Gvaramia’s defence labelled the imprisonment over the 2019 procurement and use of the company car as “absurd,” stating that the then-company owners testified in court that he was allowed to buy the car, which he then used since it was an asset of the company he was managing.

Rights groups, including the Public Defender of Georgia and the anticorruption watchdog Transparency International (TI) Georgia analysed the case, concluding that there were no legal grounds for holding Gvaramia criminally liable.

"An entrepreneurial decision may not lead even to corporate liability, not to mention criminal liability,” the office of Public Defender Nino Lomjaria wrote in a letter to the Tbilisi court.

Gvaramia was acquitted on charges of money laundering, bribery, and forgery as originally requested by the prosecutor’s office, which announced it would appeal. His co-defendant Kakhaber Damenia, Rustavi 2’s former financial director, was found guilty of embezzlement and ordered to pay a 50,000 Lari (17,500 dollars) fine.

In a statement, the US embassy in Georgia said that “from its inception, this case has raised questions, including about the timing and the charges,” adding that the ruling "calls into question Georgia's commitment to rule of law, and further demonstrates the fundamental importance of having an independent, impartial judiciary”.

The ruling came at a crucial time. On March 3, a week after Russia’s invasion of Ukraine, the government applied to join the EU alongside Moldova and Ukraine.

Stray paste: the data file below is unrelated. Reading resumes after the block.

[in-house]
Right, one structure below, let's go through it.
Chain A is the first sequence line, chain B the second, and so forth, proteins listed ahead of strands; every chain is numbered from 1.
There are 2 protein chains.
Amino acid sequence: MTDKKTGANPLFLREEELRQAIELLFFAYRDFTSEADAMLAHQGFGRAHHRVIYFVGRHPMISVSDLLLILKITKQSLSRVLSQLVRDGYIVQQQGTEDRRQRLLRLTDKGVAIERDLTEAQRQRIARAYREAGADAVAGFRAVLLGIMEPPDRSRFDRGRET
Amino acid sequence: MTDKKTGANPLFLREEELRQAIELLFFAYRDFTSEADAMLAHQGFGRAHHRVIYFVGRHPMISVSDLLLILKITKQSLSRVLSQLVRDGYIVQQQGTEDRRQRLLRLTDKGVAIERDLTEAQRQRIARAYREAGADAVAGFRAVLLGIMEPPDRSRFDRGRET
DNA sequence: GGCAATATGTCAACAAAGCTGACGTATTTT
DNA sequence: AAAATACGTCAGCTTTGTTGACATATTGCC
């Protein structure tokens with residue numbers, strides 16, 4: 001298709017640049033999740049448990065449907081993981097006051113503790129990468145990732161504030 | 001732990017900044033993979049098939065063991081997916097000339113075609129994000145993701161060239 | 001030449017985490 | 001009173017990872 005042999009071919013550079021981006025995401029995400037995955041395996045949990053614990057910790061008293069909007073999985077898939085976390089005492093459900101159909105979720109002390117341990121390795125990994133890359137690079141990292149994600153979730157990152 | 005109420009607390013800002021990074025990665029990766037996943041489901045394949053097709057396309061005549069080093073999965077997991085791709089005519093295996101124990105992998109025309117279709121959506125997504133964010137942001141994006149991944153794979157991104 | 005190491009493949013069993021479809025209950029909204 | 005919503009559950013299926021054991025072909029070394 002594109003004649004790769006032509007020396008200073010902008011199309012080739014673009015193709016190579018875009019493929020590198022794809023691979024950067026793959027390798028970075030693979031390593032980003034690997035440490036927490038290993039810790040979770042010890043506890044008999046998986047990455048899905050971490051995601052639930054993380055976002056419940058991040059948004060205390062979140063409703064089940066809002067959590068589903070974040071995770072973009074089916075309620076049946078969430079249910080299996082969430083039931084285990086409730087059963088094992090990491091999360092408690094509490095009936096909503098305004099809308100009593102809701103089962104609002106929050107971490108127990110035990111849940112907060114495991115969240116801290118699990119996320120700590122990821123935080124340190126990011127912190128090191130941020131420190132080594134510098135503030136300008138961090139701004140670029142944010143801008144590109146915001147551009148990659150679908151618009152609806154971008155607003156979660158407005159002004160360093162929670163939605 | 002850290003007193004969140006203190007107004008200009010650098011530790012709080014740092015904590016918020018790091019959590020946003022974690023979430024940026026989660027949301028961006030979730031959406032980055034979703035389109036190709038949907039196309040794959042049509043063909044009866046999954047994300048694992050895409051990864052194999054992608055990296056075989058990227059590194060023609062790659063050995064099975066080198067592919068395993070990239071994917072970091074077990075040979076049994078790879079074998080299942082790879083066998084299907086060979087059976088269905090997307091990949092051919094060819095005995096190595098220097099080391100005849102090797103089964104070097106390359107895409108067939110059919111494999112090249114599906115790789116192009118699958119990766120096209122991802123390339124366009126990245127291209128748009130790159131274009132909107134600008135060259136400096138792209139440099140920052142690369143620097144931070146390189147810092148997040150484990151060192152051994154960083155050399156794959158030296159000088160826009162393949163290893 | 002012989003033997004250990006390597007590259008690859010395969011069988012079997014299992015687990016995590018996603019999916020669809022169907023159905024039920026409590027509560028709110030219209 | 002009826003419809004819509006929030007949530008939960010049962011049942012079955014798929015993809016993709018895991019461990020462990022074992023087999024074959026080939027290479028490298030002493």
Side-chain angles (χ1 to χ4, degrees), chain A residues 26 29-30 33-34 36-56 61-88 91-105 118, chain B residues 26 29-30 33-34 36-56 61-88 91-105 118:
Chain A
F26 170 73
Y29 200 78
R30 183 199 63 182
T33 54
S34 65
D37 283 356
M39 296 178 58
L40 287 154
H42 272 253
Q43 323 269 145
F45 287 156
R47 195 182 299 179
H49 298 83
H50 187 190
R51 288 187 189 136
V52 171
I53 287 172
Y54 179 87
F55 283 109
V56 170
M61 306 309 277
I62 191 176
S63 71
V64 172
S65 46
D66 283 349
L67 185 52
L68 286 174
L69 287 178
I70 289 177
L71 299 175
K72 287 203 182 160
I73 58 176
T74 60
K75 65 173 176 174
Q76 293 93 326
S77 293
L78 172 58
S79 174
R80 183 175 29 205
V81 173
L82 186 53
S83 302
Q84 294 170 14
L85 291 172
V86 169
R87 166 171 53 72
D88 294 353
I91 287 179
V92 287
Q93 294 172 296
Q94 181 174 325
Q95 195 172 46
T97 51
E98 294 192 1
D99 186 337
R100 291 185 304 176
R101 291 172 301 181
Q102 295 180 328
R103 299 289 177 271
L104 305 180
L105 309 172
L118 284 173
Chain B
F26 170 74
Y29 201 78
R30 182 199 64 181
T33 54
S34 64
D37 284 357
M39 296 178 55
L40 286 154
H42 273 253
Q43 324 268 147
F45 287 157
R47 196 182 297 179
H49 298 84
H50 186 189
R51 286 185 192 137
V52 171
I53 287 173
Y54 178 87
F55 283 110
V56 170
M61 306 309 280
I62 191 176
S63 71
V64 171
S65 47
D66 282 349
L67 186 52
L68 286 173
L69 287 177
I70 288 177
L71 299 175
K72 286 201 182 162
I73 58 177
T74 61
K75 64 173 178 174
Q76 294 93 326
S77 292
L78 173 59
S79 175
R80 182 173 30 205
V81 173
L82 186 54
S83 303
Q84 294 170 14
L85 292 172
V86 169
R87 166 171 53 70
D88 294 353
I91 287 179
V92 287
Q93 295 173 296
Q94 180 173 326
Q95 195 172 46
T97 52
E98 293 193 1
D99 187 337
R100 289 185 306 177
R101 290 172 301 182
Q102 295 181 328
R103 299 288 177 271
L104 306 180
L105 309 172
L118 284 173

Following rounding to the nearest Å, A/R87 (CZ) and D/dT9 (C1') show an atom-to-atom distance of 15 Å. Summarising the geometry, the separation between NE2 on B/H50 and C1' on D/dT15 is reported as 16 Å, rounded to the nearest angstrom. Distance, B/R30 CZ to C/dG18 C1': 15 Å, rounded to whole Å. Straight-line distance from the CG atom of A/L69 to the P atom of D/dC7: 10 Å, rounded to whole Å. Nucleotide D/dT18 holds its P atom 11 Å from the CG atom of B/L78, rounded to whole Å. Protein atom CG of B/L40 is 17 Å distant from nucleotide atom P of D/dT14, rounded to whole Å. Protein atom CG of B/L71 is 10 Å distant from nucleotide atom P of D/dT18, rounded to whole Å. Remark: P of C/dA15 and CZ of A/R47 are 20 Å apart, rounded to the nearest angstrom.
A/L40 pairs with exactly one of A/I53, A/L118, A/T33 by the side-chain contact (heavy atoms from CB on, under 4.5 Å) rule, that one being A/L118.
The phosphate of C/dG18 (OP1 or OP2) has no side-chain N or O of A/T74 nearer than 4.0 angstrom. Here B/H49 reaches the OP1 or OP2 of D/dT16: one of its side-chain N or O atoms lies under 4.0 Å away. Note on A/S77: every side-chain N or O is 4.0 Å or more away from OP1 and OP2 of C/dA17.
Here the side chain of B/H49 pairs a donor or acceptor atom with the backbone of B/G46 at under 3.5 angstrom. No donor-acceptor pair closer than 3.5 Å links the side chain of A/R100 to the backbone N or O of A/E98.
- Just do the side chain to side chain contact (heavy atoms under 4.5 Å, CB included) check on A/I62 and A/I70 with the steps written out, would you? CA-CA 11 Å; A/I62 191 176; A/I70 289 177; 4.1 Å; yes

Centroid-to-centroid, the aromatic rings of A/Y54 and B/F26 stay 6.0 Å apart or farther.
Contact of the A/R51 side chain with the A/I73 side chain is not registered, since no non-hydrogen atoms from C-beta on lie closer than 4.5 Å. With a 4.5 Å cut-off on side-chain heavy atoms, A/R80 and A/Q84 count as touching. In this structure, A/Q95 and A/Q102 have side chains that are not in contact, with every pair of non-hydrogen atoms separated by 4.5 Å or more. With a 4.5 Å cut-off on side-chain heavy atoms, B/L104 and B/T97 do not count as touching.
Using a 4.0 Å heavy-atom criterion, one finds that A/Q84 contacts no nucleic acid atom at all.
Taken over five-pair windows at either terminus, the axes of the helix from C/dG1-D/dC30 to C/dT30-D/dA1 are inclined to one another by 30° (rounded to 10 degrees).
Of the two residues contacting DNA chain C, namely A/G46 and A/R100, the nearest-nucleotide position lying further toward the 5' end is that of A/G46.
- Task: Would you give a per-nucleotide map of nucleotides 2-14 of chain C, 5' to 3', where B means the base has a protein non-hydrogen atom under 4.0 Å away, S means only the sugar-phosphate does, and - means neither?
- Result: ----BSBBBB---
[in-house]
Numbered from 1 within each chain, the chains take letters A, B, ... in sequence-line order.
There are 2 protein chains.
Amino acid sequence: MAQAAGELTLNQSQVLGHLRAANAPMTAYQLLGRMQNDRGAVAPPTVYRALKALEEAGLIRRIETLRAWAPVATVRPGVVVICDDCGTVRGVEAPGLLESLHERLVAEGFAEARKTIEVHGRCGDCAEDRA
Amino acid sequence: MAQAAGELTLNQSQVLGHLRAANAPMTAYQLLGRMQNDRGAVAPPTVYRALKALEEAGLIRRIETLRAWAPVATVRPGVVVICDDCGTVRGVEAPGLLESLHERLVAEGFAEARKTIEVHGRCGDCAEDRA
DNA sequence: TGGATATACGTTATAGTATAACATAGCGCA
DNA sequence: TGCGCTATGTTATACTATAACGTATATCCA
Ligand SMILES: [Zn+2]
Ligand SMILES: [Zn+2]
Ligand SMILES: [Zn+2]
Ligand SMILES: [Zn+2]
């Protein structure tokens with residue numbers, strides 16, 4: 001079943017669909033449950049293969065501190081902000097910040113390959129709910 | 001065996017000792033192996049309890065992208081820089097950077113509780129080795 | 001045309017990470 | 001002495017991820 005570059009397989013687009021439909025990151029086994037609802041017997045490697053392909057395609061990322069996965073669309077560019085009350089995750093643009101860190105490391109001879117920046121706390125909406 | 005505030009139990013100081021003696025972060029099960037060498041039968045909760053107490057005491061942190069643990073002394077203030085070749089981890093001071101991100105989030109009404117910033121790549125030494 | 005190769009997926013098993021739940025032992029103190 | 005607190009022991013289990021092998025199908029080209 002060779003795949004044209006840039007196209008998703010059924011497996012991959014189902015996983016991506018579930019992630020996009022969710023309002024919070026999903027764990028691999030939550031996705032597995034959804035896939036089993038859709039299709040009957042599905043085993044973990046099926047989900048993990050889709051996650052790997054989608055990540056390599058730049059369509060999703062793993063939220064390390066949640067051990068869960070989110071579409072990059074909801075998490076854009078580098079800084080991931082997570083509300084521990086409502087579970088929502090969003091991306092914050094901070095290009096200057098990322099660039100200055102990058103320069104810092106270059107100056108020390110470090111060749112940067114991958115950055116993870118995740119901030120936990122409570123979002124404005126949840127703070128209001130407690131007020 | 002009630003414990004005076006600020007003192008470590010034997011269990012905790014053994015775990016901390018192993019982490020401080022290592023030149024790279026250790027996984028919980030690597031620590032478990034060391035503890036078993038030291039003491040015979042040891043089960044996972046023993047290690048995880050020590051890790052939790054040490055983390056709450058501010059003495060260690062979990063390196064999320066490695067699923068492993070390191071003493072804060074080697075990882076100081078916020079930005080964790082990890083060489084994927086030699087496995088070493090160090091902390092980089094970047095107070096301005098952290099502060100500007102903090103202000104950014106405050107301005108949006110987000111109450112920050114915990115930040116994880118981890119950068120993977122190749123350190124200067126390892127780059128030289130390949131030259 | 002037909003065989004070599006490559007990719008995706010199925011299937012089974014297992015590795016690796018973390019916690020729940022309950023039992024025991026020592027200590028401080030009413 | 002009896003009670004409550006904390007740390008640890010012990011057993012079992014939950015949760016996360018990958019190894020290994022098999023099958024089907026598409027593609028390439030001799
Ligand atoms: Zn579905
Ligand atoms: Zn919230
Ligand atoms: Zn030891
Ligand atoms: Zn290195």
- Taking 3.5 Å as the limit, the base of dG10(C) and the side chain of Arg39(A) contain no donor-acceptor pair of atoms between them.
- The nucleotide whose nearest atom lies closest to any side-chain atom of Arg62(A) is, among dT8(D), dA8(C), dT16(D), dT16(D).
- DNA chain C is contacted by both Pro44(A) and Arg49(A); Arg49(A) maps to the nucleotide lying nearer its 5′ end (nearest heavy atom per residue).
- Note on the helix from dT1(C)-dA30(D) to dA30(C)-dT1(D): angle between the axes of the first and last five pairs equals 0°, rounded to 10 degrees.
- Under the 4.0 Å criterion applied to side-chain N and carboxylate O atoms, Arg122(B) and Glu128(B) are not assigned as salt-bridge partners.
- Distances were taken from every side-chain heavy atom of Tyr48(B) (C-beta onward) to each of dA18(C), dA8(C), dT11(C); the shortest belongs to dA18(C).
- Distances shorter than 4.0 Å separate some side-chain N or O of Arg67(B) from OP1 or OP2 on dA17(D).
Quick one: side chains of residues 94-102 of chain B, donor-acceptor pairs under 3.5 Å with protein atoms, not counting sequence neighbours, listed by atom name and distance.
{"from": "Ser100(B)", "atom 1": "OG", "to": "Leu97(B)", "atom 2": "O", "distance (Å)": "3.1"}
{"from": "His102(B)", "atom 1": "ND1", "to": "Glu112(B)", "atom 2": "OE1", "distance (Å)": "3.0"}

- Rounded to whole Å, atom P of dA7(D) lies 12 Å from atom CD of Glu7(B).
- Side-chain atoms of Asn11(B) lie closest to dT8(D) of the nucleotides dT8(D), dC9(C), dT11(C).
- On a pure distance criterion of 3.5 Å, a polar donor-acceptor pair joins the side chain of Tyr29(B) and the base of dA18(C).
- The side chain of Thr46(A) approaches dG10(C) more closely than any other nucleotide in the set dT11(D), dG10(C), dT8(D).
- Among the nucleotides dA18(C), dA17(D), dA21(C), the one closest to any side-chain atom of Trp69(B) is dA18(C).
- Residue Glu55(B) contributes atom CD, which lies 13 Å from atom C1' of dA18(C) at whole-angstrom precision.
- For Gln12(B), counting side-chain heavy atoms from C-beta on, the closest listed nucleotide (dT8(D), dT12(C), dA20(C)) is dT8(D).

Support for EU membership is strong across the political spectrum, but opposition political parties fear that the ruling will affect Georgia’s path to Brussels.

“Using the judiciary as a political tool will call into question our candidacy for the EU,” Irakli Kupradze, a member of the Lelo for Georgia party, told IWPR.

Kupradze warned that the government’s actions had been distancing Tbilisi from Brussels, adding, “Gvaramia’s arrest is a clear sign that Georgia’s European choice is in jeopardy and that the Georgian Dream is on its way to Russia.”

As Georgia works on its EU application, the bloc voiced five setbacks in “the judiciary and rule of law” including the lack of “credible investigation and prosecution of the organisers of” mass violence against over 50 journalists on July 5, 2021.

“By arresting Gvaramia, the authorities are telling other media outlets that the critical activities are dangerous and punishable. This will have a negative impact on the media environment, which has already significantly deteriorated over the past year,” TI Georgia’s media programme manager Mamuka Andghuladze told IWPR.

A well-known and controversial figure, Gvaramia has been a vocal critic of the ruling party since it rose to power in 2012. He has publicly accused the government of persecution, citing attempts to bribe, intimidate and blackmail him, including with footage featuring details of his private life.

In 2012, he became of Rustavi 2 director and remained at the helm of the opposition TV station until July 18, 2019 when the Strasbourg court returned it to its former owner. Gvaramia resigned and established Mtavari Arkhi TV, which became a leading national channel.

Davit Dvali, who co-founded Rustavi 2 in 1994, set up a media freedom fund to support Mtavari Arkhi, making a first contribution of 10,000 Lari (3,515 dollars).

“Today the frontline runs here,” he told IWPR. “The attack on the main opposition channel significantly reduces the chances of Georgia’ centuries-old efforts to establish its place in the commonwealth of civilized countries [the EU]. I think it is our duty not to allow the government to silence the TV channel and to support the critical media with whatever we can.”

This publication was prepared under the "Amplify, Verify, Engage (AVE) Project" implemented with the financial support of the Ministry of Foreign Affairs, Norway.